acoustic field of study" (Schafer 1994: 7) and/or "technically, any portion of the
sonic environment regarded as a field of study" (ibid.: 274), and, on the other
hand, from the aesthetic angle because, according to him, "... the soundscape
is no accidental by-product of society; rather it is a deliberate construction by
its creators, a composition which may be as much distinguished for its beauty
as for its ugliness." (ibid.: 237) Franěk (2003) states more specifically that
this term "(1) includes acoustic phenomena that we can actively hear, record,
measure, and compare; (2) at the same time, it is a community's aural heritage,
which is important for a feeling of comfort and for a sense of the importance of
a given place; (3) soundscape is necessary to view as a part of a broader socioecological
context (it solves the question of the extent to which soundscape is
a by-product of social, political and economic structures)." Franěk also adds
that "research work of ecological acousticians rests on the recognition and registration
of the acoustic characteristics of a certain environment. It is therefore
not only a question of measuring the noise level, but also of the identification
of the character of various sounds and their value from the point of view of the
people who live in a given environment. Various environments or regions are
namely defined by having somewhat different acoustic environments - each
contains sounds that refl ect the kind of homelike, dialectic, industrial and agricultural
process and natural environment of the place (insects, birds, water,
etc.) Apart from specific sounds, in every environment there is something that
is common to a certain region or to a greater geographic area." (Franěk 2005:
197) As far as methods are concerned, these were worked out during three key
field studies carried out in the first half of the 1970s. During the field studies
the group applied five research methods: (a) research of spatial distribution
of sound in the environment, (b) research of time distribution of sound in the
environment (c) research of legislation and noise by-laws, (d) research of people's
subjective reactions on the various types of sounds and (e) recordings of
The core of Schafer's theoretical contribution is the concept of features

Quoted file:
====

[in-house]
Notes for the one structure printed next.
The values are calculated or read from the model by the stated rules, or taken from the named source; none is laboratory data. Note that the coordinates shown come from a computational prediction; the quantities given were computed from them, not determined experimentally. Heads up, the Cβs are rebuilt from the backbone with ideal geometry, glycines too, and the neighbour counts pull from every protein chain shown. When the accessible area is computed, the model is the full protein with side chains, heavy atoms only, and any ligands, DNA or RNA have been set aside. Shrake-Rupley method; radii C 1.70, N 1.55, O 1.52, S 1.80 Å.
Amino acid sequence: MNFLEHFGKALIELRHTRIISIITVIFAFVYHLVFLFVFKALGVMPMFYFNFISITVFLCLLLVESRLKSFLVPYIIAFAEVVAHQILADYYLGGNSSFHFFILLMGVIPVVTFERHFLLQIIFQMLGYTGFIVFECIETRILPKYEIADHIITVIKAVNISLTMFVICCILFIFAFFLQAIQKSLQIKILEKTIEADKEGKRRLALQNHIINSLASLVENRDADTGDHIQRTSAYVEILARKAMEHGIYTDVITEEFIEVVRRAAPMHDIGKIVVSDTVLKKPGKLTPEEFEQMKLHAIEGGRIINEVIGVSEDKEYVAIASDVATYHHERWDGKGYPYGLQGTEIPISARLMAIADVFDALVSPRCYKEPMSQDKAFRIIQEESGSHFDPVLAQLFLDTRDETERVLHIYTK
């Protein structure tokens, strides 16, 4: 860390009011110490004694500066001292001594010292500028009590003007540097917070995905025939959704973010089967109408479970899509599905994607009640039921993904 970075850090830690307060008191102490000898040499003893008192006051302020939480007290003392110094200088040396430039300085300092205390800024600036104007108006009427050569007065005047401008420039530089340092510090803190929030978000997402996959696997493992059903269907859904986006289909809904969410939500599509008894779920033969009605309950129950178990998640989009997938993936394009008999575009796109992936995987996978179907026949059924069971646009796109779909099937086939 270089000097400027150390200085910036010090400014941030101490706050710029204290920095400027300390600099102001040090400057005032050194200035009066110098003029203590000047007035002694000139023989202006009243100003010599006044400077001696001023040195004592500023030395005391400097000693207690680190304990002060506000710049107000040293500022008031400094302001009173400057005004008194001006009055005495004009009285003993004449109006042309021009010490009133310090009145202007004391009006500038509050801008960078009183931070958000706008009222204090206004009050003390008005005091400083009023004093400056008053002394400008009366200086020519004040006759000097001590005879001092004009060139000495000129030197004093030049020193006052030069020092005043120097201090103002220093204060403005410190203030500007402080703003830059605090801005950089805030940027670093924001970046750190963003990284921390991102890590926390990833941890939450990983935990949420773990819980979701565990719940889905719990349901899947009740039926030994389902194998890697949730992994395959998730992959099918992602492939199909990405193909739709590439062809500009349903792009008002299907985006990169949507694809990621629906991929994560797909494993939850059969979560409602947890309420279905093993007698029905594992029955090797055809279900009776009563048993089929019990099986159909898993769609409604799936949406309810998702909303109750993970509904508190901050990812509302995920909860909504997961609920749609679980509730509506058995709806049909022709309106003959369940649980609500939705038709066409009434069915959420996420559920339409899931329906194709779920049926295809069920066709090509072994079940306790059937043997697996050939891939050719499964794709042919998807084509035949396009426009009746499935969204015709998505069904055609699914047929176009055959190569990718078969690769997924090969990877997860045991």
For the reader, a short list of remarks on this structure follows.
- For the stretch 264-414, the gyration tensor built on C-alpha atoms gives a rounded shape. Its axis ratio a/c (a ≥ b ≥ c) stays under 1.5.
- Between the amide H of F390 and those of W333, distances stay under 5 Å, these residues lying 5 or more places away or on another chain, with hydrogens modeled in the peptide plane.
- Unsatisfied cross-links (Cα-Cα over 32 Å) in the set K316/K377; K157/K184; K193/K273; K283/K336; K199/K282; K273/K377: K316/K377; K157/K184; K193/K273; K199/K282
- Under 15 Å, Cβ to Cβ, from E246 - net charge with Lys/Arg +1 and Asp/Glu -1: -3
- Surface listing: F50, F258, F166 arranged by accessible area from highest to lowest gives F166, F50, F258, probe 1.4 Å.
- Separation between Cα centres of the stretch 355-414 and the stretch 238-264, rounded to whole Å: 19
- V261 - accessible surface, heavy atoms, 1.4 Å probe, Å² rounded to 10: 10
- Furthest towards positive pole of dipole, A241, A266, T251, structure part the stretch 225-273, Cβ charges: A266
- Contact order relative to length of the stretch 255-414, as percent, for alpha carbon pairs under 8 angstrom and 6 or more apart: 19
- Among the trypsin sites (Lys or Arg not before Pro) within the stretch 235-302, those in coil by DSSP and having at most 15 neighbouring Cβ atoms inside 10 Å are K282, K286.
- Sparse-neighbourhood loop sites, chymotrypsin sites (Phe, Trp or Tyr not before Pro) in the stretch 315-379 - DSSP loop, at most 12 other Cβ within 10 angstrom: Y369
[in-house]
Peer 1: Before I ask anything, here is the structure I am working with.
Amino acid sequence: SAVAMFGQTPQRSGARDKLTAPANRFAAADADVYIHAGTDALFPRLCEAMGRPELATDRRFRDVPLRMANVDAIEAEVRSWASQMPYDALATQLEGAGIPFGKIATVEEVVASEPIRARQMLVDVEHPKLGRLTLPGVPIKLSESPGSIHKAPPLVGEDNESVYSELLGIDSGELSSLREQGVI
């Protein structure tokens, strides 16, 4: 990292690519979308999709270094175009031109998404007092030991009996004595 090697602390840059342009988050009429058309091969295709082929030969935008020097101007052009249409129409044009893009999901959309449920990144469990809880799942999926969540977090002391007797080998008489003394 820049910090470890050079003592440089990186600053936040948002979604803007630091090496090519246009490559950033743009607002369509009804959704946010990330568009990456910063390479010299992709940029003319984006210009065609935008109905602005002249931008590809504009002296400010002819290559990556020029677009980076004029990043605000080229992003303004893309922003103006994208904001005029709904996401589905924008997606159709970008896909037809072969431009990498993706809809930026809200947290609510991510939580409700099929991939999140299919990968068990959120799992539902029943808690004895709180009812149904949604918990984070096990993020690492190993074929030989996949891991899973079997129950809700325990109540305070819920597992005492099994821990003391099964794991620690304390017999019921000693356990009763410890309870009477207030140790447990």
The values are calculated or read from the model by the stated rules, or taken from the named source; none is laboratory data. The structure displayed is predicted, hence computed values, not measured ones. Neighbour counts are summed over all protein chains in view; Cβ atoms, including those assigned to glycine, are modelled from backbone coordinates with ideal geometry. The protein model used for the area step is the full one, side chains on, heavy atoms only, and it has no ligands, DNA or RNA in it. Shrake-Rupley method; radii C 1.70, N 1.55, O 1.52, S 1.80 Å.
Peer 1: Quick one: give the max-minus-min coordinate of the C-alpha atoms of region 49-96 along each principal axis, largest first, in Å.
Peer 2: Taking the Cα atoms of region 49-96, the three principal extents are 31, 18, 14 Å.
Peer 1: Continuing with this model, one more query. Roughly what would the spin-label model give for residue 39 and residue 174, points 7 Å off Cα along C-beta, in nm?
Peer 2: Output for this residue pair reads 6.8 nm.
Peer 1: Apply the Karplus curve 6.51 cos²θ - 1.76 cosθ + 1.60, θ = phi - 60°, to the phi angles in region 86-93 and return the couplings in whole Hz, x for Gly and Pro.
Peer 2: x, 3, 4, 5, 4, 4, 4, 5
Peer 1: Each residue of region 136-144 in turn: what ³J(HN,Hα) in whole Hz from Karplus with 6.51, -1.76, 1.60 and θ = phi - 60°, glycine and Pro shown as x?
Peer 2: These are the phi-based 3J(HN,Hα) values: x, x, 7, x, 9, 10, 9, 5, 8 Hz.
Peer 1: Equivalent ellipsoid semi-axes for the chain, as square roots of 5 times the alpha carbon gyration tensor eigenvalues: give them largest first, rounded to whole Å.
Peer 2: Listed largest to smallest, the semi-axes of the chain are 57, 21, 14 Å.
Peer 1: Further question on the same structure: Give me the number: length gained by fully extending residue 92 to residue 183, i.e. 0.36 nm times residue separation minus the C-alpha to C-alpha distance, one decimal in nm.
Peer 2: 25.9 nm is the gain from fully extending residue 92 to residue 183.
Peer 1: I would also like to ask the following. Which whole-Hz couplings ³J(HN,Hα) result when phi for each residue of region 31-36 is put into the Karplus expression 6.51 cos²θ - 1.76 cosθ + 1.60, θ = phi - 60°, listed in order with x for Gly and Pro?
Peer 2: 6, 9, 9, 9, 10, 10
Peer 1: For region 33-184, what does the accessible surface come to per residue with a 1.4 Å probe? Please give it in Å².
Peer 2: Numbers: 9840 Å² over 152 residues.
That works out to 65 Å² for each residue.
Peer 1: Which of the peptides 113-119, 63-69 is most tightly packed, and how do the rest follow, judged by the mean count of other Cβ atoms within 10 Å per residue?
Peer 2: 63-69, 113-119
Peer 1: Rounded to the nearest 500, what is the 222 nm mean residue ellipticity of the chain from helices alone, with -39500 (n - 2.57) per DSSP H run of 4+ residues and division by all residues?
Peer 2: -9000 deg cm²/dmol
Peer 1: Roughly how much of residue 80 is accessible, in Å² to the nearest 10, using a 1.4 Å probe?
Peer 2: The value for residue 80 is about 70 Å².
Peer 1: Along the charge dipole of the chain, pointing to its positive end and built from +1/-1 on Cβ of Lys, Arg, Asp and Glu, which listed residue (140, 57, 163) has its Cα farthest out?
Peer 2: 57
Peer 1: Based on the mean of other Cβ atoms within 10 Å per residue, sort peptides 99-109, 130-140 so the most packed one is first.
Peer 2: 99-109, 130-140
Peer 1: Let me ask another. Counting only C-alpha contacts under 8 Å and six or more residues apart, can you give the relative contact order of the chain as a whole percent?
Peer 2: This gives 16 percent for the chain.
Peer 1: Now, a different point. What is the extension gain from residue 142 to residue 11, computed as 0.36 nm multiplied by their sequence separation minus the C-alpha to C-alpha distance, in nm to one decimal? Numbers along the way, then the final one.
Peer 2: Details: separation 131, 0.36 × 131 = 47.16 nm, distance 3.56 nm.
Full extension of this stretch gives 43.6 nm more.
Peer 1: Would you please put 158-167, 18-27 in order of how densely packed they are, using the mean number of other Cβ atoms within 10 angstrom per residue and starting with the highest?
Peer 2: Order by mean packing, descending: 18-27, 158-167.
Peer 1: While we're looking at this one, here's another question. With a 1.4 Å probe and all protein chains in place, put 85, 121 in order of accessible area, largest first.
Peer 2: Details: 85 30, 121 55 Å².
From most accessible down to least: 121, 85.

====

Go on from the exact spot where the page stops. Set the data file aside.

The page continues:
of the soundscape. The basis of this concept, which Schafer and WSP use
for all of their field research on naming specific sounds in the concrete living
environment, is a concept of figure-background taken from Gestalt psychology.
Schafer and WSP distinguish three prominent types of sounds in a living
environment. The first of them is keynote. Keynote is a term taken from music,
where it denotes the tonality of the composition in question. As Schafer (1994:
9) says, "keynote sounds do not have to be listened to consciously; they are
overheard but cannot be overlooked." Schafer further says that, "the keynote
sounds of a landscape are those created by its geography and climate: water,
wind, forests, plains, birds, insects and animals." (ibid.: 910) According to
Schafer, "many of those sounds may possess archetypal significance; that is,
they may have imprinted themselves so deeply on the people hearing them that
life without them would be sensed as a distinct impoverishment." (ibid.) The
second type of sound is soundsignal. Schafer says that "signals are foreground
sounds and they are listed to consciously." (ibid.) He adds that "in terms of
the psychologist, they are figure rather than ground." (ibid.) The third type
of sound is soundmark. As Schafer says, "the term soundmark is derived from
qualities which make it specially regarded or noticed by the people in that community."
(ibid.: 10) Schafer supposes that "once a soundmark has been identified,
it deserves to be protected, for soundmarks make the acoustic life of the
community unique." (ibid.)
I applied the theoretical assumptions described above to a case study of
the soundscape of the Loreta Square in Prague. The model for it became the
research project called the Kanda Soundscape Project carried out by a team
of Japanese soundscape researchers headed by Keiko Torigoe (2002) in one
of the oldest quarters of Tokyo in the years 1986-1988 and described in the
first world publication dedicated to the studies and methods of soundscape
research. Just as with Torigoe, there were, within the framework of my field
research, two main approaches: (a) one place oriented approach, by means of
which it was possible to research what sounds could be heard in the place under
study and (b) one sound oriented approach, by means of which it was possible to
research how the respondents hear the specific sound in the place under study.
I carried out research of the soundscape, a component of which was a pilot
study, by means of questionnaires. On the basis of the two abovementioned
main approaches, I divided the questionnaire into two parts. The first part
(11 questions) contained questions about perception and interpretation of the